September 25, 2011
This weekend marked the start of LACO’s new season, and that’s not the only change in these parts! This very blog has changed. Hmmm, perhaps ‘evolved’ is the better word. This very blog has evolved. For the last three seasons, I’ve been sharing my thoughts on my LACO concert-going experiences under the header of “LACO Newbie” – as I’m someone who enjoys classical music but doesn’t know a lick about anything in the classical music world. But now that I’m returning for a fourth season (thank you, LACO, for inviting me back!), I think it’s time to move on from the term “Newbie.” It’s not really new anymore, now that I’ve been doing it for 4 seasons. Don’t get me wrong – during the past three years, while I’ve enjoyed many wonderful LACO evenings (and sat through a few evenings I didn’t enjoy as much), my knowledge of classical music hasn’t grown at all. I’m not sure I could pick a bassoon out of a line-up. So what does this all mean? It means my contributions to the LACO blog have been rebranded. Say goodbye to the LACO Newbie… and hello to The Untrained Ear!
Saturday evening’s concert at the Alex Theater was quite eclectic, and that made for a really special evening. The program included pieces that were, oh, I don’t know, hundreds and hundreds and hundreds of years old alongside brand-spankin’-new pieces that had never been heard on the West Coast before. First up was the Overture to “The Magic Flute.” I saw a production of “The Magic Flute” about 15 years ago, so I was thinking that I might recognize the Overture, but nope! It was lovely, though, and I liked the idea of kicking off a new concert – and a whole new season – with an overture. How fitting!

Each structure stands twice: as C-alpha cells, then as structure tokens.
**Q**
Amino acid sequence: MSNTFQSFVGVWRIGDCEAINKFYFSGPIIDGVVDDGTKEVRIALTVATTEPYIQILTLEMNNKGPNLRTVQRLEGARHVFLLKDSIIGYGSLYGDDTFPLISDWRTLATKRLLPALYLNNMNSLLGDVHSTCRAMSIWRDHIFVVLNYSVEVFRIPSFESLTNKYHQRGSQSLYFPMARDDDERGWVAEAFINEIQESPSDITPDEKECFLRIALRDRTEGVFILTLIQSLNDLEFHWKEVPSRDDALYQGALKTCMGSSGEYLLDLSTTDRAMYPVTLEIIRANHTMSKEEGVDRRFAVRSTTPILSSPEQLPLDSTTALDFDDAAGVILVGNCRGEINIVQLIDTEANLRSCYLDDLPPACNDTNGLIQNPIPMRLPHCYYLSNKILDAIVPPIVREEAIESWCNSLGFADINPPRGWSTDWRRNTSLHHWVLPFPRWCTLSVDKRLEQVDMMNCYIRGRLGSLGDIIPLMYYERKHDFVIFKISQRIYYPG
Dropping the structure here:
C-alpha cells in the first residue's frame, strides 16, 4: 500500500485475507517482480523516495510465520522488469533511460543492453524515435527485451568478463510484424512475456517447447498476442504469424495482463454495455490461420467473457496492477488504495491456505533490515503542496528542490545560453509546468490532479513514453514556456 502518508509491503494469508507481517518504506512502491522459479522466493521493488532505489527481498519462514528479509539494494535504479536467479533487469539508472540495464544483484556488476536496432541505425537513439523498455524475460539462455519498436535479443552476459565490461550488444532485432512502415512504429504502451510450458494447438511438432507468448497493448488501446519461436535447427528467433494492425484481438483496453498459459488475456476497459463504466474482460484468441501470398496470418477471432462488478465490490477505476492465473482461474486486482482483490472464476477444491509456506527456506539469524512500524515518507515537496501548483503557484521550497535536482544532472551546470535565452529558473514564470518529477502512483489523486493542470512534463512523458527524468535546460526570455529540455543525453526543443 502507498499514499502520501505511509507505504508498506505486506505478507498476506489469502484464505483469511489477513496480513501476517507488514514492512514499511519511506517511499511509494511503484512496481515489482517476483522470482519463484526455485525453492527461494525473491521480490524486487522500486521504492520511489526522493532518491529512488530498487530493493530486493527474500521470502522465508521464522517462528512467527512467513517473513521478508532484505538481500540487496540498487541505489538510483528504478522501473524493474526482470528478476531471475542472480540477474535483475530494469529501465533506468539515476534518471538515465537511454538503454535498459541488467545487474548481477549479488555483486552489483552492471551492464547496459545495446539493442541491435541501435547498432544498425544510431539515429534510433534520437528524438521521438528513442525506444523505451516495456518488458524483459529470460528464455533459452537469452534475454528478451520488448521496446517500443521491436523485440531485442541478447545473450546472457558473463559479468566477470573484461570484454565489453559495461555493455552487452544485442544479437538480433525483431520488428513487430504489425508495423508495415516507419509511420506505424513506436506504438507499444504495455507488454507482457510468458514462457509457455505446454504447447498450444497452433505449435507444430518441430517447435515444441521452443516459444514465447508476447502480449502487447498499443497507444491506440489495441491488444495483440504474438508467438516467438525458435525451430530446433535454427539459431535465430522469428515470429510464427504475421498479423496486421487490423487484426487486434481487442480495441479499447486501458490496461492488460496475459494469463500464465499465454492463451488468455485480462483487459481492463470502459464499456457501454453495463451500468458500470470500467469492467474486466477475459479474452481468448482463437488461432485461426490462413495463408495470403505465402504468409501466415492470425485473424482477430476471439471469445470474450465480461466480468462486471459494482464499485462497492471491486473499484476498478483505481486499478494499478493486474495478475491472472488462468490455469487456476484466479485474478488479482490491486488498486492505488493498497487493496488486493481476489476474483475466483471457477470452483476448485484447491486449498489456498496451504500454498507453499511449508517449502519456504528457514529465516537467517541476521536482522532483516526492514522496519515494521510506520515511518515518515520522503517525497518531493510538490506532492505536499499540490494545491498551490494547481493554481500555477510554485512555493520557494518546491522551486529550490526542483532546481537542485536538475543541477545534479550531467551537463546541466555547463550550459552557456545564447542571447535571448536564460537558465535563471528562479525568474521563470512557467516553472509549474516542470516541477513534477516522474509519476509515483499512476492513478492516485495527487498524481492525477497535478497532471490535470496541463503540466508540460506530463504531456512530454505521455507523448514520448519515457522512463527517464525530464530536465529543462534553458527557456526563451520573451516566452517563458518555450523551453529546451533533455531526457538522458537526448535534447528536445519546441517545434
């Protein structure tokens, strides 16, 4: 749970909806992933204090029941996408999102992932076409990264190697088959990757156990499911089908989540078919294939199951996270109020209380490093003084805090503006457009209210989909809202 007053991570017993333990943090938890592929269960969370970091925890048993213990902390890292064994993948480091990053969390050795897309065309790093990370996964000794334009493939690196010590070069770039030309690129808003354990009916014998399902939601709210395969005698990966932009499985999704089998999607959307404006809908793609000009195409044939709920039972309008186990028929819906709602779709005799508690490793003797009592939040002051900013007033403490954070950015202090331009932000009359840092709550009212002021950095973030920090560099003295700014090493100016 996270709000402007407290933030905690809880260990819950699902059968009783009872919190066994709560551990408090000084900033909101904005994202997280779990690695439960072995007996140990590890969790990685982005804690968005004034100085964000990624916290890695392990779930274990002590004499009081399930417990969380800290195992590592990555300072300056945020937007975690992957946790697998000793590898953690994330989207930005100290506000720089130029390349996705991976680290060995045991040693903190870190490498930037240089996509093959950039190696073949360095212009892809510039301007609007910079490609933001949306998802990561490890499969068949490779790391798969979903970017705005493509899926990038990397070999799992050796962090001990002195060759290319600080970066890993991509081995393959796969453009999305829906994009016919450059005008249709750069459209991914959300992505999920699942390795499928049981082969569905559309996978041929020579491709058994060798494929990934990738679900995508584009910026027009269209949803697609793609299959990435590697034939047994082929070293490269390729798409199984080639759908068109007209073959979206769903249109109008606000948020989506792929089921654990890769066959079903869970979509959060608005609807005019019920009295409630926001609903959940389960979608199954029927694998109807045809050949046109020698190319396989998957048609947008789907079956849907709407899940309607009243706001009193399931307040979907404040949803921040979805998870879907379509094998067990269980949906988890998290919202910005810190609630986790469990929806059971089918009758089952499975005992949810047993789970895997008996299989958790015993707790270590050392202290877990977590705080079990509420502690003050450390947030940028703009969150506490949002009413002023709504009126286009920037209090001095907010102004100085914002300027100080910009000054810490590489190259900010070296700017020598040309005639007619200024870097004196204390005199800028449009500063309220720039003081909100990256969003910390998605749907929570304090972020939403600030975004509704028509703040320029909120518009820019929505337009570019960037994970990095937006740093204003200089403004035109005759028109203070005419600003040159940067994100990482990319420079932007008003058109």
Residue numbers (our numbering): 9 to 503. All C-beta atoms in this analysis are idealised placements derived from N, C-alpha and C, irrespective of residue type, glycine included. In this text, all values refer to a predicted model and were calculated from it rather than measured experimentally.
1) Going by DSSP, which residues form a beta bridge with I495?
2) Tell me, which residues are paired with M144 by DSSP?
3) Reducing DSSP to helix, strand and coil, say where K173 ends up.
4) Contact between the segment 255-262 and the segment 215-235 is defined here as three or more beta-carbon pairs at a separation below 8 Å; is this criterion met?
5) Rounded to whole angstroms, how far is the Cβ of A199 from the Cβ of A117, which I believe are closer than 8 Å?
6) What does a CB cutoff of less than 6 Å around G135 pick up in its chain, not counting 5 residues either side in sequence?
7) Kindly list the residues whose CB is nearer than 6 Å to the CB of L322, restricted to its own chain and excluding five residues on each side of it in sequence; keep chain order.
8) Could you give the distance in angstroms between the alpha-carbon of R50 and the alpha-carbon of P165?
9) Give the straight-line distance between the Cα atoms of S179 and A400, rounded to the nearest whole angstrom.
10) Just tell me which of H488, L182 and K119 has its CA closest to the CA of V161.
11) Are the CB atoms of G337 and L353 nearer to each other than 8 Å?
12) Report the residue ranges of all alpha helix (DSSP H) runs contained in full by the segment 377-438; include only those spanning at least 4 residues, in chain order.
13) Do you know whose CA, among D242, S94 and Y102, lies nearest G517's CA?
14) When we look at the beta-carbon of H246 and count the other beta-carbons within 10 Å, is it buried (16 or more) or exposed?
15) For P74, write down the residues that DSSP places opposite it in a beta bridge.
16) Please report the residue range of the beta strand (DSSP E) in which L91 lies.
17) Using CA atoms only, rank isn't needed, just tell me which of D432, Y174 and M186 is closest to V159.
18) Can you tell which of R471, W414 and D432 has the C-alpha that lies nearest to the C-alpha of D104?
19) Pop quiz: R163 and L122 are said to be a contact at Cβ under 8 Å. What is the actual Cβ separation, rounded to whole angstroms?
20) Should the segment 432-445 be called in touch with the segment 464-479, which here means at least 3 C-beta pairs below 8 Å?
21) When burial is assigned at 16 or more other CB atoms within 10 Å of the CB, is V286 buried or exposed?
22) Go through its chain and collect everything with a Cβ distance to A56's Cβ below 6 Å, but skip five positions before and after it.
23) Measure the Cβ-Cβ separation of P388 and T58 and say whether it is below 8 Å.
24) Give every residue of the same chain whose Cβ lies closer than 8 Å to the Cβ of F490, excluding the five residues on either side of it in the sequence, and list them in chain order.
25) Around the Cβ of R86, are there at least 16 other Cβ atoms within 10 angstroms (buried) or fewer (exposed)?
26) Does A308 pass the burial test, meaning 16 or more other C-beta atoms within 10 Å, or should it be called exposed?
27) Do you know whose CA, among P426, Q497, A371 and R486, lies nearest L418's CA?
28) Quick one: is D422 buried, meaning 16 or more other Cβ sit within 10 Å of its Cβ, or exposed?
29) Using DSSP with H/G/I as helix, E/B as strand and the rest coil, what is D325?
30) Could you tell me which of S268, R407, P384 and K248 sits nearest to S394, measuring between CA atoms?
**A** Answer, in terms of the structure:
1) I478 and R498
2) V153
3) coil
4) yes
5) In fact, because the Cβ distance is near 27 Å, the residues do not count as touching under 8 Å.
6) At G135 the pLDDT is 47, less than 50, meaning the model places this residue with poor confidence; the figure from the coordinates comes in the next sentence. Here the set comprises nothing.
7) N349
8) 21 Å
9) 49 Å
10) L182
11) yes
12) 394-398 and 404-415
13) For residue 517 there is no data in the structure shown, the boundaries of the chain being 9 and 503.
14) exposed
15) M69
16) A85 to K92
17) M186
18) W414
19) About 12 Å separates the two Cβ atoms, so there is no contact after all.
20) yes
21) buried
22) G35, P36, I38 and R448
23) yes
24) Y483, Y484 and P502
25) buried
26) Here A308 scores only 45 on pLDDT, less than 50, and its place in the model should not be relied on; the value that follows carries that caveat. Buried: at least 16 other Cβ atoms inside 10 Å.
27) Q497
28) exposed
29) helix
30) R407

The two West Coast premieres followed. Next up was Sidereus, by Osvaldo Golijov. I had read on the LACO website that this piece was inspired in Galileo’s observations about the moon, and it was my favorite piece of the evening. It was celestial and mysterious, with the different sections of the Orchestra sometimes seeming to contradict each other. I like my orchestral music moody, and this piece was wonderfully moody!
Then came Ritornello, another West Coast premiere, which featured a rare instrument in the classical music world: an electric guitar. This was the piece that I was most excited for and the one that ended up making me scratch my head the most. There were parts that were melodic, and parts that were… um… less so (The Untrained Ear struggles, at times, at describing music), and while Wiek Hijmans, the electric guitarist, was fascinating to watch, when it was over, I didn’t know what to think. I still don’t know what to think. I appreciated seeing something new and exciting and different, but I can’t say I loved it.
After the intermission came Beethoven’s 4th Piano Concerto, during which Jeffrey Kahane led the Orchestra while playing piano. I can’t fathom how difficult it must be to keep aware of what everyone else on stage is doing while simultaneously playing the piano, but Kahane makes it look easy, and the piece demonstrated the precision and cohesion that I’ve come to love about attending LACO concerts. But I thought the concerto was a bit of a snooze. Not my cup of tea. I was quite obviously in the minority on this one, as the outburst of applause following the completion of the piece proved, and I’m so glad that everyone else in the Alex enjoyed it more than I did, because the tremendous response led to Kahane and the Orchestra playing an encore, which was the second movement of Ravel’s Piano Concerto in G, and that was the other highlight of the evening for me. I can’t speak as to why I liked the Ravel more than the Beethoven (I have an untrained ear, after all), but I liked how the Ravel had a slow build that seemed to add in different sections of the orchestra one bit at a time. It was beautiful, sweeping, and romantic. Sidereus took me on an unexpected trip to outer space, and the Ravel brought me back to Earth. Despite having an untrained ear, there’s one thing I know: I can always count on LACO to take me on a journey.